Dietary Patterns and Serum Gamma-Glutamyl Transferase in Japanese Men and Women

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Author(s)

    • Nanri Hinako
    • Department of Public Health, Showa University School of Medicine
    • Horita Mikako
    • Department of Preventive Medicine, Faculty of Medicine, Saga University
    • Shinchi Koichi
    • Division of International Health and Nursing, Faculty of Medicine, Saga University
    • Tanaka Keitaro
    • Department of Preventive Medicine, Faculty of Medicine, Saga University
    • Hara Megumi
    • Department of Preventive Medicine, Faculty of Medicine, Saga University
    • Nishida Yuichiro
    • Department of Preventive Medicine, Faculty of Medicine, Saga University
    • Shimanoe Chisato
    • Department of Preventive Medicine, Faculty of Medicine, Saga University
    • Higaki Yasuki
    • Laboratory of Exercise Physiology, Faculty of Sports and Health Science, Fukuoka University
    • Imaizumi Takeshi
    • Department of Preventive Medicine, Faculty of Medicine, Saga University
    • Taguchi Naoto
    • Department of Preventive Medicine, Faculty of Medicine, Saga University
    • Sakamoto Tatsuhiko
    • Chikushi Office for Health, Human Services and Environmental Issues, Fukuoka Prefectural Government

Abstract

<b>Background: </b>Although specific foods and nutrients have been examined as potential determinants of serum gamma-glutamyl transferase (GGT) concentrations, the relationship between dietary patterns and GGT remains unknown. The present cross-sectional study aimed to determine relationships between dietary patterns and GGT concentrations, and the effects of lifestyle factors on GGT.<BR><b>Methods: </b>Relationships between dietary patterns and GGT were analyzed in 9803 Japanese individuals (3723 men and 6080 women age 40–69 years) without a history of liver diseases or elevated serum aminotransferase. We examined major dietary patterns by factor analysis of 46 items determined from a validated, short food frequency questionnaire.<BR><b>Results: </b>We defined dietary patterns as healthy, Western, seafood, bread, and dessert. The healthy pattern was inversely related to GGT in men (odds ratio [OR] for highest vs lowest quartile, 0.72; 95% confidence interval [CI], 0.57–0.92; <i>P</i> < 0.01 for trend) and women (OR 0.82; 95% CI, 0.66–1.0; <i>P</i> = 0.05 for trend), whereas the seafood pattern was positively related to GGT in men (OR 1.27; 95% CI, 1.01–1.61; <i>P</i> = 0.03 for trend) and women (OR 1.21; 95% CI, 0.98–1.49; <i>P</i> = 0.05 for trend). Male-specific inverse associations with GGT were found for bread and dessert patterns (OR 0.63; 95% CI, 0.50–0.80 and OR 0.53; 95% CI, 0.41–0.68, respectively; <i>P</i> < 0.01 for both trends). Seafood or bread patterns and alcohol consumption significantly interacted with GGT in men (<i>P</i> = 0.03 and <0.01 for interaction, respectively) and between the dessert pattern and body mass index or smoking habit in women (<i>P</i> = 0.03 and <0.01, respectively, for interaction).<BR><b>Conclusions: </b>Dietary patterns may be important determinants of GGT, and their possible clinical implications warrant further investigation.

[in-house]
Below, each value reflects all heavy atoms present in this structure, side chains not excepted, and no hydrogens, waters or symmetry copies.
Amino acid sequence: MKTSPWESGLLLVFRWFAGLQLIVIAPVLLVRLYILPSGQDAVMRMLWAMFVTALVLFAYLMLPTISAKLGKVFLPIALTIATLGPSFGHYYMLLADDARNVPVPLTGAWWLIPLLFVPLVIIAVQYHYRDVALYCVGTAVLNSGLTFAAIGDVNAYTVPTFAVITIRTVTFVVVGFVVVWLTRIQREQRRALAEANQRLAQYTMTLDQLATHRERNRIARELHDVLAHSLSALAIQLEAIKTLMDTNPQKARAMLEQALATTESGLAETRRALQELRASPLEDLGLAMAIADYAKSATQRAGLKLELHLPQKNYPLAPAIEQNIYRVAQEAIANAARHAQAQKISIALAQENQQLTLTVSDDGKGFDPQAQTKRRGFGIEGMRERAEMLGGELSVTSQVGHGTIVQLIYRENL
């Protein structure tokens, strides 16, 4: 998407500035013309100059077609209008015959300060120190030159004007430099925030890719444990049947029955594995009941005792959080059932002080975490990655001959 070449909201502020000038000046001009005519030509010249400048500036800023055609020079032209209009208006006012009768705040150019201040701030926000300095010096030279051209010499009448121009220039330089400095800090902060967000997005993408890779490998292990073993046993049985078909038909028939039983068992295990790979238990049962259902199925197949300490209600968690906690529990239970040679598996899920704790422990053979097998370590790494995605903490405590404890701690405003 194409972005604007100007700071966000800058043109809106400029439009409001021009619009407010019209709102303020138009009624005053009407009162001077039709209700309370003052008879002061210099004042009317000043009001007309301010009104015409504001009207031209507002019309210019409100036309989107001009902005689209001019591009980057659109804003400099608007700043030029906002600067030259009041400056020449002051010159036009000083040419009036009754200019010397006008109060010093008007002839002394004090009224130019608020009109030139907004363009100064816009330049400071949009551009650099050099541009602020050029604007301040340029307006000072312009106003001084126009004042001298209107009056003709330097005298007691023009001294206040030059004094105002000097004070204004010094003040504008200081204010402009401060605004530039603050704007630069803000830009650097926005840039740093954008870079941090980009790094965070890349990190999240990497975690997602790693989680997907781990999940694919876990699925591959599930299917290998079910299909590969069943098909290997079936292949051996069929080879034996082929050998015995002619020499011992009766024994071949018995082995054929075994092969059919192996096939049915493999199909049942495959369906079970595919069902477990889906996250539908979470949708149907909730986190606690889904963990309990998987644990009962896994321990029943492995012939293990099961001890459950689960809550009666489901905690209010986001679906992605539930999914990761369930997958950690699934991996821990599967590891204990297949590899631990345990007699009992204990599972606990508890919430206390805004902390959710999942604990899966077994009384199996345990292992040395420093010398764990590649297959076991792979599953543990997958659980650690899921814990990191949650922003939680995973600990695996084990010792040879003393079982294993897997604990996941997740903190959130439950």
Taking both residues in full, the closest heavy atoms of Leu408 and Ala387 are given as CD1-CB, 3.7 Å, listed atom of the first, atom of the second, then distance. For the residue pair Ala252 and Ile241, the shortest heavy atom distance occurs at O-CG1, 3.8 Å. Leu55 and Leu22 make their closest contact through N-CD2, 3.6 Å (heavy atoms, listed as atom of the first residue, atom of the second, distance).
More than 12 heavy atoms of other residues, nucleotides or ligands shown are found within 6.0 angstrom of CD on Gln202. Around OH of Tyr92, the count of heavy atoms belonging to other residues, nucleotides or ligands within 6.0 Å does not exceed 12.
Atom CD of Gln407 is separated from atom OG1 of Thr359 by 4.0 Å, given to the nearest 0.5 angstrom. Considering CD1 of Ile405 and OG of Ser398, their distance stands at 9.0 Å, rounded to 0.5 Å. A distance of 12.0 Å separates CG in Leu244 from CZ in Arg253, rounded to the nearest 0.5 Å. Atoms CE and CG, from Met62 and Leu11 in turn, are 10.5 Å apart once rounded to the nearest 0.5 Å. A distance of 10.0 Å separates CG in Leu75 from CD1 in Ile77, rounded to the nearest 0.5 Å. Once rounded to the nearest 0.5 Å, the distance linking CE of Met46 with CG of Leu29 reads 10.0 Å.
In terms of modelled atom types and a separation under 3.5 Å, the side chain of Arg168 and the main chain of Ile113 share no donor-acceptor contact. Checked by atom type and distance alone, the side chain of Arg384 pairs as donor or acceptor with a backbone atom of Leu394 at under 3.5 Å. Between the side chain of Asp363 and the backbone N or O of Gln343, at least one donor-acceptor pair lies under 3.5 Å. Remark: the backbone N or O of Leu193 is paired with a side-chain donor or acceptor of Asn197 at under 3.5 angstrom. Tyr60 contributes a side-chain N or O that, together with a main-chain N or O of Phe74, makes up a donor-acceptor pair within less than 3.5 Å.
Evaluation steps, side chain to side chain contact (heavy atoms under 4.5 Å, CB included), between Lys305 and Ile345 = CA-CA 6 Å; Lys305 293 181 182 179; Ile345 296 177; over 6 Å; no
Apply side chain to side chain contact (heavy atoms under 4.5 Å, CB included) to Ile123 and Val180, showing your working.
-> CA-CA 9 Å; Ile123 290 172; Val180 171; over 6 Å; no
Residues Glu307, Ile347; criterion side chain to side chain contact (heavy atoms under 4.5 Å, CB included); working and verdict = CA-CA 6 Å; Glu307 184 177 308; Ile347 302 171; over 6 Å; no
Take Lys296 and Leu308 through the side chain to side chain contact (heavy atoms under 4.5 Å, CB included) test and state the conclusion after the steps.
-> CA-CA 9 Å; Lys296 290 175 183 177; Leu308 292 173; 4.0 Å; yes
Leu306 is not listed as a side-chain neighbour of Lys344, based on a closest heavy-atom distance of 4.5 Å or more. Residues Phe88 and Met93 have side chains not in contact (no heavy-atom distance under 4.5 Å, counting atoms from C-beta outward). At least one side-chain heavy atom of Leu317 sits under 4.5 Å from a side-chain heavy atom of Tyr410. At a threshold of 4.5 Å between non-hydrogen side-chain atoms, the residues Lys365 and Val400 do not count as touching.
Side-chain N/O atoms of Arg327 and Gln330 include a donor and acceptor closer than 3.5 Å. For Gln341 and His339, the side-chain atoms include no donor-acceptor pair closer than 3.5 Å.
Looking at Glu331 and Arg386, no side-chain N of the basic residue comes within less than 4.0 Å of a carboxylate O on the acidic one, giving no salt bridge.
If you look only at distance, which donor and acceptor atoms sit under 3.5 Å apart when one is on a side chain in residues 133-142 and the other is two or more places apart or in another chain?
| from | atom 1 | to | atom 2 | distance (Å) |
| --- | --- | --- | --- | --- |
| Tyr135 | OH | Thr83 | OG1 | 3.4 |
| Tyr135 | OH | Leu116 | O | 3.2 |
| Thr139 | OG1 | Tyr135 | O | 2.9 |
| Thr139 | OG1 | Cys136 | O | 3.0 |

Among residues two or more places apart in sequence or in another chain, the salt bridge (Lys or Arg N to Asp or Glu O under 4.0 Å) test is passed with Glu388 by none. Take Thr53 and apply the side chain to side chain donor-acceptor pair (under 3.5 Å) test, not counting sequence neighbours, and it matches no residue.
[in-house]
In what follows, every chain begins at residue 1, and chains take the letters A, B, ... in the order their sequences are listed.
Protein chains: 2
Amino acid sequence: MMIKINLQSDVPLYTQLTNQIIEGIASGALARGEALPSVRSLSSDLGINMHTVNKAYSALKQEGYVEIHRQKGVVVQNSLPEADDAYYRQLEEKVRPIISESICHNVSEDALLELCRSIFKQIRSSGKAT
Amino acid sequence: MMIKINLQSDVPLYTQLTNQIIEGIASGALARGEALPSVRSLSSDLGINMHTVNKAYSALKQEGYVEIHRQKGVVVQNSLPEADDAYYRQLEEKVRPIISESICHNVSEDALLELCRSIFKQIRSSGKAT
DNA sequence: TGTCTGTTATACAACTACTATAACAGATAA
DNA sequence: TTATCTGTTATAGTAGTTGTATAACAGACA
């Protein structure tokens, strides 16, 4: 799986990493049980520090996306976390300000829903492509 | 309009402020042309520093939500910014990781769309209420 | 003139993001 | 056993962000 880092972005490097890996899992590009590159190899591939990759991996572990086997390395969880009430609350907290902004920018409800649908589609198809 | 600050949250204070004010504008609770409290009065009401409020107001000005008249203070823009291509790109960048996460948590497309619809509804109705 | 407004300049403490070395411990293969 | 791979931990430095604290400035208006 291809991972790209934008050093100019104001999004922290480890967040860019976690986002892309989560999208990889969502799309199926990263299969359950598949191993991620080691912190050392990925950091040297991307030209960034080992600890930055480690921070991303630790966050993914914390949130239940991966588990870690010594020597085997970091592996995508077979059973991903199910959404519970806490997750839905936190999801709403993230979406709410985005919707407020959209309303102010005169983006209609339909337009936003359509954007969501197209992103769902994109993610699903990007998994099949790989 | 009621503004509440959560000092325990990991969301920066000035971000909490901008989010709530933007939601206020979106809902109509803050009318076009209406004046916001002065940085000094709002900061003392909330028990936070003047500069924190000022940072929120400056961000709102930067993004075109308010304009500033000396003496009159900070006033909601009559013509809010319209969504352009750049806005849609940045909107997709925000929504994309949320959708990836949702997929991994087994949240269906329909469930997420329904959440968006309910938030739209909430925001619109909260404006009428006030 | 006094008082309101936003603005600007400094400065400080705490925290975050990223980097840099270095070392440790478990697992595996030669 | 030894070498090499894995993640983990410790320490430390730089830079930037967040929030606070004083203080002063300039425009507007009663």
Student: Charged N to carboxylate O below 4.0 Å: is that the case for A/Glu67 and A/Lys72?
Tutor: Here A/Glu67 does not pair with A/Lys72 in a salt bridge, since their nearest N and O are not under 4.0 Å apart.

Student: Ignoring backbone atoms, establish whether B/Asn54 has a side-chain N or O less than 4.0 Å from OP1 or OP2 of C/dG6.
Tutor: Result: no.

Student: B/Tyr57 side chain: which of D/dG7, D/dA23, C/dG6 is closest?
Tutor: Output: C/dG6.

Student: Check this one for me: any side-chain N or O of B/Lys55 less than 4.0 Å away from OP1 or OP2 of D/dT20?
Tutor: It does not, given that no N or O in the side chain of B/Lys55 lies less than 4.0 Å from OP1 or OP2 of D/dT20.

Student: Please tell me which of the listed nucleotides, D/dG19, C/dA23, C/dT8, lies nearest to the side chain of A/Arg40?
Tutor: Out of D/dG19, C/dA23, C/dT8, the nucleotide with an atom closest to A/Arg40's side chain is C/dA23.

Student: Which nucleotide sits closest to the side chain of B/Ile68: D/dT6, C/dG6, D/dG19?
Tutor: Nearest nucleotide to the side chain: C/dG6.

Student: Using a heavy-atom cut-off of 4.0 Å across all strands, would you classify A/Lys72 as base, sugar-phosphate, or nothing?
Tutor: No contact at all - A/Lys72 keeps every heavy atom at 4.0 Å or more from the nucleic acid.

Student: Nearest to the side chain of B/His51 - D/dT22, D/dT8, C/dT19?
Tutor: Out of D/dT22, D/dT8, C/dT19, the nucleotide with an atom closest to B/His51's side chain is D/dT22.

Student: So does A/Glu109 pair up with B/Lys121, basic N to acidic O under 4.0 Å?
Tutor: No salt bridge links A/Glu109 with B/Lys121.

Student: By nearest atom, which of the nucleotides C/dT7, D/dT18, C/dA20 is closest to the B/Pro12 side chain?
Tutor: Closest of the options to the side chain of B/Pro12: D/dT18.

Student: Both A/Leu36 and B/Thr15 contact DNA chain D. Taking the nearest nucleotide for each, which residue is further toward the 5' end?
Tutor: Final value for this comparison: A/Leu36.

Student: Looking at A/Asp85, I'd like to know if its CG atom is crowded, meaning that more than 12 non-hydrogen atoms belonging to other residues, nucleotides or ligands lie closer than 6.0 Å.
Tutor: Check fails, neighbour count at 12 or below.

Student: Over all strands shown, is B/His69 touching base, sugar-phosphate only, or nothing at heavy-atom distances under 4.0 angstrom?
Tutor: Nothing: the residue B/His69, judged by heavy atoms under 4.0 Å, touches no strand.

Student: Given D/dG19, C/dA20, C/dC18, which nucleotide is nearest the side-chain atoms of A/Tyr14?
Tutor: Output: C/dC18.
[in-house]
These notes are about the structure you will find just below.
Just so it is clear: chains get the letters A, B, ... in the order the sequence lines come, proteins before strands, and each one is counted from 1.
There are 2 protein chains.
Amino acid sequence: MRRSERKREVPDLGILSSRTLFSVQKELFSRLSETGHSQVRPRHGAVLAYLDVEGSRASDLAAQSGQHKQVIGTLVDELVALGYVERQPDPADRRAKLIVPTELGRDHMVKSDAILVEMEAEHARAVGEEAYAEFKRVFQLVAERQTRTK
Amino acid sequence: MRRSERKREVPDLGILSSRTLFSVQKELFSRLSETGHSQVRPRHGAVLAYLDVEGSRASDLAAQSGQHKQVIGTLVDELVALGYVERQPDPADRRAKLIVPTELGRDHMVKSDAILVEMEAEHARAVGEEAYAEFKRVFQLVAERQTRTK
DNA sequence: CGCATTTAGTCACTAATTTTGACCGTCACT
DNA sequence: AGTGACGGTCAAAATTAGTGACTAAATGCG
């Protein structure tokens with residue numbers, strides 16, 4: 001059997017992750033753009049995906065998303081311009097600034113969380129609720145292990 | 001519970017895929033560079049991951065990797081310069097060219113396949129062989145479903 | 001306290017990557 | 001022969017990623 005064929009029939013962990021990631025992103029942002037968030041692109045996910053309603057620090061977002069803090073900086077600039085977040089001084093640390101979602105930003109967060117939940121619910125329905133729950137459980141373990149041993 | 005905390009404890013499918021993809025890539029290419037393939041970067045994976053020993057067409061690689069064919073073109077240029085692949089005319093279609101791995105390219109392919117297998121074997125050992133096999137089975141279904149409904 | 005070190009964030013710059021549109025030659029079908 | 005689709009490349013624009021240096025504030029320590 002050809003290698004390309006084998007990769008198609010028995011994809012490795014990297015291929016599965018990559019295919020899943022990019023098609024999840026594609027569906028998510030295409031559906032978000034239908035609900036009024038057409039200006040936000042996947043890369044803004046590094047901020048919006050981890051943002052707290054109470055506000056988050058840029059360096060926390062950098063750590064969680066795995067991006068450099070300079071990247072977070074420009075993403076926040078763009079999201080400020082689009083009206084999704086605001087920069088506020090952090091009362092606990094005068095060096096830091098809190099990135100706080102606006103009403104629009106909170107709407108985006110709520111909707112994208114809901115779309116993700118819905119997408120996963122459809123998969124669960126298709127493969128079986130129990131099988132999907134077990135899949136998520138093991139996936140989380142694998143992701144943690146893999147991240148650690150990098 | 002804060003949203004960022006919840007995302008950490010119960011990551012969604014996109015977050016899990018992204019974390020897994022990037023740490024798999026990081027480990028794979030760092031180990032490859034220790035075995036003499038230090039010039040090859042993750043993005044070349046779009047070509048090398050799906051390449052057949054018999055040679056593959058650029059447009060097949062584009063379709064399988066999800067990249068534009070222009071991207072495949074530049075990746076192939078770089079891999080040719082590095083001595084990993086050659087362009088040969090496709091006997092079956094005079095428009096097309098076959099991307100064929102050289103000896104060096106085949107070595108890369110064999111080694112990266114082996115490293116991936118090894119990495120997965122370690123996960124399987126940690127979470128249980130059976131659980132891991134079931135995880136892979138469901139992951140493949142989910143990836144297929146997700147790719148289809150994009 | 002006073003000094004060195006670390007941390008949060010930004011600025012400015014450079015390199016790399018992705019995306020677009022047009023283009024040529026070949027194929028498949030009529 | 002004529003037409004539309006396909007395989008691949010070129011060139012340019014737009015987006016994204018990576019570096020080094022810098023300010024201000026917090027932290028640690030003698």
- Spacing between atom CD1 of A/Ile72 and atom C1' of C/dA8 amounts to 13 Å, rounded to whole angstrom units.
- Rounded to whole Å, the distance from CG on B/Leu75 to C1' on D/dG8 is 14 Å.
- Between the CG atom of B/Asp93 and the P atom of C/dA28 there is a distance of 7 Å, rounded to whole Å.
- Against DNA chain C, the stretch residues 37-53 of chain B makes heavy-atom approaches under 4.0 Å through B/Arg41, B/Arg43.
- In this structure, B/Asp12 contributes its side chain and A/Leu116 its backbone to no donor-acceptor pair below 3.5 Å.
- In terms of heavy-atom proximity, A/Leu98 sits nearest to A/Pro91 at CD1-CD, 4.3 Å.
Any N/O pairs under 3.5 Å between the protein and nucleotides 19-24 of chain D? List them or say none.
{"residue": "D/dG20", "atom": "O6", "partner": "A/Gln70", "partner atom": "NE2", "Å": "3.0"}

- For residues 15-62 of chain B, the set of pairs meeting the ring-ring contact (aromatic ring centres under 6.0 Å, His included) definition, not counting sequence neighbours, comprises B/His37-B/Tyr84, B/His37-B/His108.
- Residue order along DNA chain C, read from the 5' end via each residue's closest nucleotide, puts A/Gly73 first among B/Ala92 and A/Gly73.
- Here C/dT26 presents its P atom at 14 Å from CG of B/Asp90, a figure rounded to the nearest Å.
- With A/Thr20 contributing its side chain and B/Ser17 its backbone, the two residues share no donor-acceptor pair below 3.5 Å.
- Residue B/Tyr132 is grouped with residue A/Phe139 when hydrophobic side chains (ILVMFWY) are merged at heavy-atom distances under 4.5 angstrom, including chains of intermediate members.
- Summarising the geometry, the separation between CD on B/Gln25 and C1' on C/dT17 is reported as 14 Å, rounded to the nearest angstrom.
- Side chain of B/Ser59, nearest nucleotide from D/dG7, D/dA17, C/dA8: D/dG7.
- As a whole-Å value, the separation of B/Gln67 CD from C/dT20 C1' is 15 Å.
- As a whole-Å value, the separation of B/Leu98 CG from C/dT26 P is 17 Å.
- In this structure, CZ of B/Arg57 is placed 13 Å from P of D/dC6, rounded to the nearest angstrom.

Journal

  • Journal of Epidemiology

    Journal of Epidemiology 25(5), 378-386, 2015

    Japan Epidemiological Association

Codes

  • NII Article ID (NAID)
    130005067867
  • Text Lang
    ENG
  • ISSN
    0917-5040
  • Data Source
    J-STAGE 
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